They, the omniscient “they,” say that when you retire the majority of your time is taken up with doctor visits and funerals. I’d like to slap a gag order on whomever said that. Back in my working-and-family-rearing days, when I heard that statement, I thought, “Nope, that won’t be me. I’m a Renaissance Man. I’m more ‘enlightened.’”
Well, I’m here to say, it’s true. Looking back over the past week, Ginnie and I have been to one celebration of life, two funerals (in two days, one in which we helped out), the doctor and chiropractor three times (Medicare is wonderful), visited one friend in a nursing home and one house-bound person. Whew!
We also found time for entertainment, and squeezed in two movies with dinner: “Midway” and “Ford v Ferrari,” both of which we highly recommend. Oddly, or not so oddly, the afternoon matinee of “Midway” was filled to overflowing with gray hairs just like us. Hmm.
Life has never been so crazy-busy. We go like a house-o-fire, 24/7. When did we ever find time to work? Between exercising, service work, grandkids, reading, writing, building sculptures, baking and going to political rallies, I told Ginnie, “We need to go back to work so we can rest up.” We fall into bed at night exhausted, only to rise early the next morning to do it all over again. I can’t believe it when I hear from some retired people that they have nothing to do. Really?
Ginnie and I are both “semi-retired.” I don’t know why the Word Makers placed the word “tired” in “retired.” The implication is that we lay around, wore out, sleeping all day. Ha! Ginnie “retired” from her job as a laboratory technician only to be called back to work two days a week. With all that’s going on, she hardly has time to breathe.
George Bernard Shaw said that “Youth is wasted on the young.” Amen! Just when we get this thing called “Life” figured out, we realize we only have, what, 20 or so more years to live? That’s a heart beat. It’s not fair. Just when we’re comfortable in our own skin and know who we are and where we’re going, boom, it’s time to cash in the chips.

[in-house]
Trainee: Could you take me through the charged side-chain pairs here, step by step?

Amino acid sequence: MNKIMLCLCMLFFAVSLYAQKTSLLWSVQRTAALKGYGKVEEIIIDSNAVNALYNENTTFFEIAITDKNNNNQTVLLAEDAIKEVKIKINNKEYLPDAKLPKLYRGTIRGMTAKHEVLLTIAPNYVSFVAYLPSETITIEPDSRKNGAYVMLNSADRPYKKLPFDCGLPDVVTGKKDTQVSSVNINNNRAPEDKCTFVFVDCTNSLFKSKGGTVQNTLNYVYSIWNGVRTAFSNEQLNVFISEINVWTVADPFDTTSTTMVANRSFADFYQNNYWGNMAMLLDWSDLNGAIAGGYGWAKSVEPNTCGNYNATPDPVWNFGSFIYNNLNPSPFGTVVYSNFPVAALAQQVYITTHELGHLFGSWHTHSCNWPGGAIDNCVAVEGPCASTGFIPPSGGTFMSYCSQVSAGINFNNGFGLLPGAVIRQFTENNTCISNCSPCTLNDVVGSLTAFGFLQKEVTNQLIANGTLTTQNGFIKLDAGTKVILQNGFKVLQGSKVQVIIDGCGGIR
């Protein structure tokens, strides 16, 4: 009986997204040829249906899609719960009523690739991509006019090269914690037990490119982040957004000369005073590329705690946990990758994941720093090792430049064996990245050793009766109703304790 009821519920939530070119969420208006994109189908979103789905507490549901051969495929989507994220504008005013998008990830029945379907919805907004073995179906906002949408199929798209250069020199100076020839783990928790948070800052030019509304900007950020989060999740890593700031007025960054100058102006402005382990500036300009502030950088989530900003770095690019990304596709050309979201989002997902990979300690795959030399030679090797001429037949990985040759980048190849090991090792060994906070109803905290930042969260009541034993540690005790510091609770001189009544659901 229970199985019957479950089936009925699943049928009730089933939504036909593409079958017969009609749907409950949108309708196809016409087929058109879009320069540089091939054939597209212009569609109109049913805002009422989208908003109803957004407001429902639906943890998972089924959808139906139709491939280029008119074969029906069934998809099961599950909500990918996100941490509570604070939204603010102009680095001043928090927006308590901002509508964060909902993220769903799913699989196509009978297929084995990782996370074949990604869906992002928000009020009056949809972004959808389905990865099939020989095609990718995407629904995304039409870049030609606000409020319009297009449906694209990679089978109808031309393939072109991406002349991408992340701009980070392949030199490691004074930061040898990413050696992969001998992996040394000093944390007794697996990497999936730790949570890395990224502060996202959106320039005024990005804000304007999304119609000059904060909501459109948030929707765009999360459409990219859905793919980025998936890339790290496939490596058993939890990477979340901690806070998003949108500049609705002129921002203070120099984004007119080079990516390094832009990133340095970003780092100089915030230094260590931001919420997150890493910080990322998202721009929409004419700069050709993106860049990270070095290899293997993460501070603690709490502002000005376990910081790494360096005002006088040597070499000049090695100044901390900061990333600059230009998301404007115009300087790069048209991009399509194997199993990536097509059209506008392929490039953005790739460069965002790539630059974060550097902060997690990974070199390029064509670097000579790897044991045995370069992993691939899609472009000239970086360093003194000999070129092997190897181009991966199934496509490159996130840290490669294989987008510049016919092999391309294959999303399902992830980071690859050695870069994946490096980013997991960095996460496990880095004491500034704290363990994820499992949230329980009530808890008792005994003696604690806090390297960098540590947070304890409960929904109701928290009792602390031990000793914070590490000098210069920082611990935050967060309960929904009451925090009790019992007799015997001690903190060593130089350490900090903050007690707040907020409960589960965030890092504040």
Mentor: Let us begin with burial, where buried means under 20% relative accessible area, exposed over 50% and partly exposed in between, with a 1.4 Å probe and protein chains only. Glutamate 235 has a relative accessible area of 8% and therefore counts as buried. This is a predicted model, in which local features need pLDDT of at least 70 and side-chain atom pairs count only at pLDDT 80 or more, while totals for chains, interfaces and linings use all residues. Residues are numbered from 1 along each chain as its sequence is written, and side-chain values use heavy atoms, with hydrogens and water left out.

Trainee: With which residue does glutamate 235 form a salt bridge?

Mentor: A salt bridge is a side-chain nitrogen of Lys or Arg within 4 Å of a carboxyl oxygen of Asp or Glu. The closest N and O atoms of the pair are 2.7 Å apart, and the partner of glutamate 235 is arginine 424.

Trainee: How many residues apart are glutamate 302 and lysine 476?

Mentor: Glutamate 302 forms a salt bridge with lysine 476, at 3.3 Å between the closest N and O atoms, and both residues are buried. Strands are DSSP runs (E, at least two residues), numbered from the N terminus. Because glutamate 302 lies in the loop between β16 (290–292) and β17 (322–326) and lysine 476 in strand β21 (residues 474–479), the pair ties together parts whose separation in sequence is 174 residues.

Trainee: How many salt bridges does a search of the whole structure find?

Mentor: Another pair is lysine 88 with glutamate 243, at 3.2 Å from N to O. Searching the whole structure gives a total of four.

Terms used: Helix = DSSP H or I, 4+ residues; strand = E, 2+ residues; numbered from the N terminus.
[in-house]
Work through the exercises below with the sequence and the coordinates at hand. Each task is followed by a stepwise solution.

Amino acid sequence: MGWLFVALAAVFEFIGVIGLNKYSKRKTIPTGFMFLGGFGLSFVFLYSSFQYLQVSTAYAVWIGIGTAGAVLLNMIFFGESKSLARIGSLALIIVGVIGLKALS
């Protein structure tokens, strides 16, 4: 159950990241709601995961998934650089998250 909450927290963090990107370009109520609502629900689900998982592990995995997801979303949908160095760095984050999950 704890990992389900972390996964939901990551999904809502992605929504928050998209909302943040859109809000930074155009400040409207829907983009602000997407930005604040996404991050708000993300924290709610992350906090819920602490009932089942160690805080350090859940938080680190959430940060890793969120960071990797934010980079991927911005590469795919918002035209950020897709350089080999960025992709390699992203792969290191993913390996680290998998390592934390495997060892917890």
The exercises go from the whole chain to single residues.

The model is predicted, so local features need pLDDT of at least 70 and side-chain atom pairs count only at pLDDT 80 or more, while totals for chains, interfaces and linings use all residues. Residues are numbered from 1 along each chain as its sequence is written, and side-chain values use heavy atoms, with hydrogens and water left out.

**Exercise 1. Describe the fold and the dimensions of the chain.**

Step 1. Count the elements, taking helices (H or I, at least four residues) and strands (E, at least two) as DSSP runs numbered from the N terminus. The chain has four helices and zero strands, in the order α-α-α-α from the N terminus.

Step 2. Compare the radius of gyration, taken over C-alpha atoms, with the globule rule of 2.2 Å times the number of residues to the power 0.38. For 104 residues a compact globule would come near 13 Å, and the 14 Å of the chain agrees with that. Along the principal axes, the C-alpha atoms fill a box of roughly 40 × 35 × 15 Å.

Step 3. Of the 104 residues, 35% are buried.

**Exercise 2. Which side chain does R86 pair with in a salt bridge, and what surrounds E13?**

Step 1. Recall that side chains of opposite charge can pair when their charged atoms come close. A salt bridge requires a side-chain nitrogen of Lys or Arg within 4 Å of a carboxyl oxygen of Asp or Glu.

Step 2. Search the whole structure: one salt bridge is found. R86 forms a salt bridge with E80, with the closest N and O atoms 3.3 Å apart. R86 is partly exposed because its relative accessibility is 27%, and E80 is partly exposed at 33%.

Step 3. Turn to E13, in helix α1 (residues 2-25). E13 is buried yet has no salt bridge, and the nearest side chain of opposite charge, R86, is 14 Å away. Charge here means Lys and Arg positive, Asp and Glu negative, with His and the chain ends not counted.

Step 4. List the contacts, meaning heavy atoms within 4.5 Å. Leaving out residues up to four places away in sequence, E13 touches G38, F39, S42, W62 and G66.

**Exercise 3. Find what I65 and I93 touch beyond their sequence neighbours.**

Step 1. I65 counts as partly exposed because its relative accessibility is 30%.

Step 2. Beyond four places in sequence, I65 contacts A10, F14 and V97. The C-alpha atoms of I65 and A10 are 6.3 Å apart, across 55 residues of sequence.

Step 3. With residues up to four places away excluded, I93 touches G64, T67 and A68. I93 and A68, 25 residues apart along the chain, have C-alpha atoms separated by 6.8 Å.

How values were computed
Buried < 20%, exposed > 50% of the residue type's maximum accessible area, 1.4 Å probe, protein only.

There’s no more wasted time. We can’t take a single day for granted. I used to spend a lot of time contemplating my navel. What’s it all about? No more. The confusion is gone. I was so drug down with the grind of going to work every day and making a living that I would have to take an occasional “mental health day.” That doesn’t fly anymore. I start every day now with a list of things to do that could choke a horse. My daily devotion tells me that every day is valuable, “to make the most of what we have today: family, friends, talents, possessions.” If I encounter a few spare minutes, I fill it with something productive. (Reading is productive. Hugging a grandchild is productive.) I find that if I do a little everyday, after a short period, I can look back and see where a lot of progress has been made. I’m working on my third book, a little each day — in the morning when my mind is fresh: my most creative time, alone with God and my thoughts.
I’ve been keeping an exercise journal. It started out with notations on how far and fast I ran, my weight and what my goal for the next day was. The journal has progressed into a list of things to do, what’s going on, and how my body and mind feel — a diary really. (I find that a pulled muscle that used to take a day or two to mend, now takes weeks. Ah, Youth. Where art thou?) The bottom line on each daily entry is now, “Give this day a good pull.”
If you haven’t seen “A Beautiful Day in the Neighborhood” yet, it’s a must see.
Just think, we of retirement age (65 or over), can tell our grandkids, “By golly, we’ve seen the rise and fall of the shopping mall.”
They’ll probably ask, “What’s that?”